Should the U.S. terminate the Tomato Suspension Agreement with Mexico? The agreement is intended to keep Mexico from flooding the U.S. market with underpriced tomatoes by suspending duties, however, some industry leaders say it’s not working, and the agreement needs to be terminated so Mexico can be held accountable. Others worry that terminating the agreement and making Mexico pay duties or fines for these tomatoes will lead to that nation sending us less product. The Fresh Produce Association of the Americas (FPAA), which is an association of businesses that import produce from Mexico, is against terminating the agreement.
“What it would have the practical impact of doing is putting duties of about twenty-point-nine percent on most Mexican tomatoes coming in the United States,” said FPAA President Lance Jungmeyer. “There’s a lot of companies that are involved in the imports of Mexican tomatoes and they play a huge role in the US economy just as much as the growers in the southeast who are growing tomatoes.”
The Florida Tomato Exchange is the organization that filed the termination request with the Department of Commerce. Executive Vice President Michael Schadler says the agreement simply doesn’t work and prevents Mexico from facing any retribution for dumping.
“That’s always been a problem from our perspective that these agreements just simply don’t work for the fresh produce trade. It’s too hard to enforce. It’s too hard to monitor and we just simply believe that they haven’t worked,” he said and mentioned a 2019 investigation into Mexican dumping of tomatoes. “The Trade Commission found that dumping had continued even with those suspension agreements in place and found that the US industry had been injured but almost simultaneously, a new suspension agreement was negotiated and established, which then suspended the resulting dumping duties from going into effect.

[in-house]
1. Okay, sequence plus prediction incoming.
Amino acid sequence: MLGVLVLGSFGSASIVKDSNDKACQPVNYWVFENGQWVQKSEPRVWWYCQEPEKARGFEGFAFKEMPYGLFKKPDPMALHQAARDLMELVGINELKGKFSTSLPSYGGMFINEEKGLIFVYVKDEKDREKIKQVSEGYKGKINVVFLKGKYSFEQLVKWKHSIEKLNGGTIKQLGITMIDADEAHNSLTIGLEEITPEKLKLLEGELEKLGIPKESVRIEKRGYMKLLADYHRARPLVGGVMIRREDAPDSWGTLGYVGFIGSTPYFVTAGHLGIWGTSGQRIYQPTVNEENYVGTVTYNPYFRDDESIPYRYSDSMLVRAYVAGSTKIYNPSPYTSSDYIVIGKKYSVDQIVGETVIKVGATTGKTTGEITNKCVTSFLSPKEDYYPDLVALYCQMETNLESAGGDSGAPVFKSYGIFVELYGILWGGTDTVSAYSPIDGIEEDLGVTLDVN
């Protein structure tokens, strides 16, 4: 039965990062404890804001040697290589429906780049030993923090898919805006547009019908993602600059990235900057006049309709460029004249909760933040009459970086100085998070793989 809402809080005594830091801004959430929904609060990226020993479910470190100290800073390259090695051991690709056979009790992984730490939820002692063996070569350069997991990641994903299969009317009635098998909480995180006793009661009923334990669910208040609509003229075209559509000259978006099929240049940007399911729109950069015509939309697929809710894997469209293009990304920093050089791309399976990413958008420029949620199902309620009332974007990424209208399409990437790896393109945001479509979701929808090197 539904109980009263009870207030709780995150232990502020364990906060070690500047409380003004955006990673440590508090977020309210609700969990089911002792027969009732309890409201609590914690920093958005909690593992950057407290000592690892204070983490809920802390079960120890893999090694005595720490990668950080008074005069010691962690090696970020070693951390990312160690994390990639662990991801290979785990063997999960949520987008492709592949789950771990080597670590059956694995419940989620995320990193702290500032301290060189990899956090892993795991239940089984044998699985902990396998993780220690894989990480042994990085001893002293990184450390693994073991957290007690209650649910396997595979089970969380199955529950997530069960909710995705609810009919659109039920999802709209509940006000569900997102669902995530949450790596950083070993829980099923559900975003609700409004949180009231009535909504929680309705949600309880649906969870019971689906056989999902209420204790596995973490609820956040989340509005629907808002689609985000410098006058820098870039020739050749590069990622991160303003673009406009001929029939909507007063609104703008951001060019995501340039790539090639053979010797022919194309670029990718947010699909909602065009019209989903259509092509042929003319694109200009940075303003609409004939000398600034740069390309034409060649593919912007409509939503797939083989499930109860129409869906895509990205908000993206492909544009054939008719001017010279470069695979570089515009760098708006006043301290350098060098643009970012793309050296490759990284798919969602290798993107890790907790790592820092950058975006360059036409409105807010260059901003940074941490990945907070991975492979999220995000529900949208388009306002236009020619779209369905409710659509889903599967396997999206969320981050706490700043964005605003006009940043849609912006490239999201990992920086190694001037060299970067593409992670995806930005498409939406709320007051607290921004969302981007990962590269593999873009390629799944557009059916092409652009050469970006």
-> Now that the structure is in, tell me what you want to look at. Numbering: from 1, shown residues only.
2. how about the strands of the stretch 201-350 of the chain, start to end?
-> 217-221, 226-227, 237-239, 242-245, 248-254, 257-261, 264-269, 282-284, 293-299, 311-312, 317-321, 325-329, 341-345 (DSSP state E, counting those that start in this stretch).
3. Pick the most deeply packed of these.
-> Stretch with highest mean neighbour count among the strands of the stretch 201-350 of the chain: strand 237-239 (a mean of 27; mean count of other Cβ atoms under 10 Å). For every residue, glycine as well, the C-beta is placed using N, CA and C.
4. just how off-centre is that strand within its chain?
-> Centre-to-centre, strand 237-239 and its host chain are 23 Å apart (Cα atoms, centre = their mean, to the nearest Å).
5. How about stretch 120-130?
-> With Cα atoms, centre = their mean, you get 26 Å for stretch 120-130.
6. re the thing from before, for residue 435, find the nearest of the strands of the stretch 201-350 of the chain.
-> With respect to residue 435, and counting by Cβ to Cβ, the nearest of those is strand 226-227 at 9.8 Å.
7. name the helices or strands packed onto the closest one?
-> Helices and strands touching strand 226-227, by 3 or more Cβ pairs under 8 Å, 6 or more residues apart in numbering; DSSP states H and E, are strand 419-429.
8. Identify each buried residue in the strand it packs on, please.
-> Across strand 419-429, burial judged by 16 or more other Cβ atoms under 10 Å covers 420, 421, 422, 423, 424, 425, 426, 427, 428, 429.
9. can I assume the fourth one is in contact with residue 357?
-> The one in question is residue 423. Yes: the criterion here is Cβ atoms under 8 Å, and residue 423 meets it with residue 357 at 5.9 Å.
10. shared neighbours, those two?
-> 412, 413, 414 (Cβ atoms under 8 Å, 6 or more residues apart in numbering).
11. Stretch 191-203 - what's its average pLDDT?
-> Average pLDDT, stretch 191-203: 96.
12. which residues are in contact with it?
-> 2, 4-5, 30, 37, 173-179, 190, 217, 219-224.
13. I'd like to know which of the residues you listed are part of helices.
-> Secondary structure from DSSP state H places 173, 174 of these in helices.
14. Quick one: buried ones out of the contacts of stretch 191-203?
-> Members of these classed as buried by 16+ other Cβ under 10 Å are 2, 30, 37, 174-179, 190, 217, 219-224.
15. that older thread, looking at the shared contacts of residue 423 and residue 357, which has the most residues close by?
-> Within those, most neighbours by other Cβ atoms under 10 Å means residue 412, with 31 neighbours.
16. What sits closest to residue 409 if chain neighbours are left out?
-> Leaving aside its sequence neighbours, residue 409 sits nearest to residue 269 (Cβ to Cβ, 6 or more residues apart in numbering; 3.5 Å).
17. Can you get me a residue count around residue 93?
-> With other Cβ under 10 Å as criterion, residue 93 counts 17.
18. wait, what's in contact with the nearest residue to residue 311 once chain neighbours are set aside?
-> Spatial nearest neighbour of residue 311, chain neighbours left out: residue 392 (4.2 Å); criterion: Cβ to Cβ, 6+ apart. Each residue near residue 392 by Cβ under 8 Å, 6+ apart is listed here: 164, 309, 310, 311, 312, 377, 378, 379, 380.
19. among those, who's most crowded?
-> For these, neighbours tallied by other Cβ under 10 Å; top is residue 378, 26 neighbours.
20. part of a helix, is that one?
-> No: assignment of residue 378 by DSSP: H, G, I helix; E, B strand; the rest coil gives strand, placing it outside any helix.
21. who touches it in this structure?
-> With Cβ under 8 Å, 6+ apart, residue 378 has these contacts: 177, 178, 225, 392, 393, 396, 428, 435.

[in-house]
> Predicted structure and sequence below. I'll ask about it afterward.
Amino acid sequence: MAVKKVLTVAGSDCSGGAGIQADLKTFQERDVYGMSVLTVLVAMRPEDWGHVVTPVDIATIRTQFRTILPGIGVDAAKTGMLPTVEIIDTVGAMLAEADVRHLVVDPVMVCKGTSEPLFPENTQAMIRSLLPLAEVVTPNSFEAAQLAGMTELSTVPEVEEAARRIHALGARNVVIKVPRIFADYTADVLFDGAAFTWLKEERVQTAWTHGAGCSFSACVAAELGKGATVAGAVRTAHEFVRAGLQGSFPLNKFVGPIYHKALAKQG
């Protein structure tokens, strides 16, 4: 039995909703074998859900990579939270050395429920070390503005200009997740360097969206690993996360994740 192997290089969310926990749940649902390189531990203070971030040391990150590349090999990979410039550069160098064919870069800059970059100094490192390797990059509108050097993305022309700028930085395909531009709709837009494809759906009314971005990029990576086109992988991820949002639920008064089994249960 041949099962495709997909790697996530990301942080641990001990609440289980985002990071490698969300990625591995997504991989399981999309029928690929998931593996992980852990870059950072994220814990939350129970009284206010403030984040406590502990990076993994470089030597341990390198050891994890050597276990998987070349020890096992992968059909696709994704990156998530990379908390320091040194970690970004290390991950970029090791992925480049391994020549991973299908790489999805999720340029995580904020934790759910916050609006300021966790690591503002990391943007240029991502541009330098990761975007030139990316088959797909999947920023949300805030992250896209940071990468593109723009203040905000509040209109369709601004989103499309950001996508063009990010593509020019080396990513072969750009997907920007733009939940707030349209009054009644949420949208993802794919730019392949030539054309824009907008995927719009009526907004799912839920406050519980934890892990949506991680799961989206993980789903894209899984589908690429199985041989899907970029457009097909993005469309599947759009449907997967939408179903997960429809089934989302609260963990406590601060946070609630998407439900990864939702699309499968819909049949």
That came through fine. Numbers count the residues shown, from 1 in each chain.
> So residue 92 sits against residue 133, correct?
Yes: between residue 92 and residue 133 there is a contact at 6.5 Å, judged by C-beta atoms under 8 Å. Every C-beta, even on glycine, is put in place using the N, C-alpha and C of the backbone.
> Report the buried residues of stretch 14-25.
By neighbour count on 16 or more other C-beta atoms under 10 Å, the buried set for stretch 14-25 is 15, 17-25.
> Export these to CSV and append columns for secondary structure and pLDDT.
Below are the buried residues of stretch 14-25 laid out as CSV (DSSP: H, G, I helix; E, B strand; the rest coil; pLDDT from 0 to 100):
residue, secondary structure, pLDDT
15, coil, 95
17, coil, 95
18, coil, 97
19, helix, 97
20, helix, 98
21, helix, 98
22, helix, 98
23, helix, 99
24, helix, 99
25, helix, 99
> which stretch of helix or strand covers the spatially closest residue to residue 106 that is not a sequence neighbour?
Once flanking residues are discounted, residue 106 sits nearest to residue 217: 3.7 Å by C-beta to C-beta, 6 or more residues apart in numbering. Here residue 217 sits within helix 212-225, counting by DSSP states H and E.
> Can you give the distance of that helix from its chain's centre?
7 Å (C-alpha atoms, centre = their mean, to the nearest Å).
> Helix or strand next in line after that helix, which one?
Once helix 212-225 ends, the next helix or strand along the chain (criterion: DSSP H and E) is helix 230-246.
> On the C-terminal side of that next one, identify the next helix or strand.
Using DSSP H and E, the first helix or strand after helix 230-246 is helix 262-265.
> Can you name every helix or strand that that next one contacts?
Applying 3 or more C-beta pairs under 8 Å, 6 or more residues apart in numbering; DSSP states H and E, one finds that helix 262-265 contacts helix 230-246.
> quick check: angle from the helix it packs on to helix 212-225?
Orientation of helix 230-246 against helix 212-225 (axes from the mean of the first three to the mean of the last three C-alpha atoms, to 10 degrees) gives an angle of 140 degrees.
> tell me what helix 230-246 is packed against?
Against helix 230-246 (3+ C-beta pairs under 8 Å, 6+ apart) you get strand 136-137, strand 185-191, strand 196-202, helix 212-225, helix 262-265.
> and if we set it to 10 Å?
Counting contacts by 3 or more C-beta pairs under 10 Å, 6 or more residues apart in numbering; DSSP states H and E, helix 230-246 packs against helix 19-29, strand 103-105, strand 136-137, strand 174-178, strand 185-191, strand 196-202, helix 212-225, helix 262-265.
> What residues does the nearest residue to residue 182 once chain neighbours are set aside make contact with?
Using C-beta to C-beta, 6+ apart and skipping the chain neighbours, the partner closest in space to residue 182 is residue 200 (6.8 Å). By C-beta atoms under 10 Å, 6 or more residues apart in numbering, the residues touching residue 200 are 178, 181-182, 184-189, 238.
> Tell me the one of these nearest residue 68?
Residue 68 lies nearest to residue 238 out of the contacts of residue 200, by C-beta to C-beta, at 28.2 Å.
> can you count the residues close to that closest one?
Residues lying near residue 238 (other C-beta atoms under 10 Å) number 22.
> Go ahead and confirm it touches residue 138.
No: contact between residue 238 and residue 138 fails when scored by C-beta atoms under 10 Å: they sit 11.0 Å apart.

While the previous agreements suspended the investigation into possible dumping, the 2019 agreement suspended a dumping order and dumping duties from going into effect. Schadler said the current agreement “has not been enforceable” and leaves Mexico free to flood the U.S. market with tomatoes without consequence. Jungmeyer maintains that there has not been proof of dumping from Mexico in recent years, and therefore the agreement should stand as is. The tomato suspension agreement was first signed in 1996 and last updated in 2019.
National Correspondent / AgNet Media, Inc.
Sabrina Halvorson is an award-winning journalist, broadcaster, and public speaker who specializes in agriculture. She primarily reports on legislative issues and hosts The AgNet Weekly podcast. Sabrina is a native of California’s agriculture-rich Central Valley.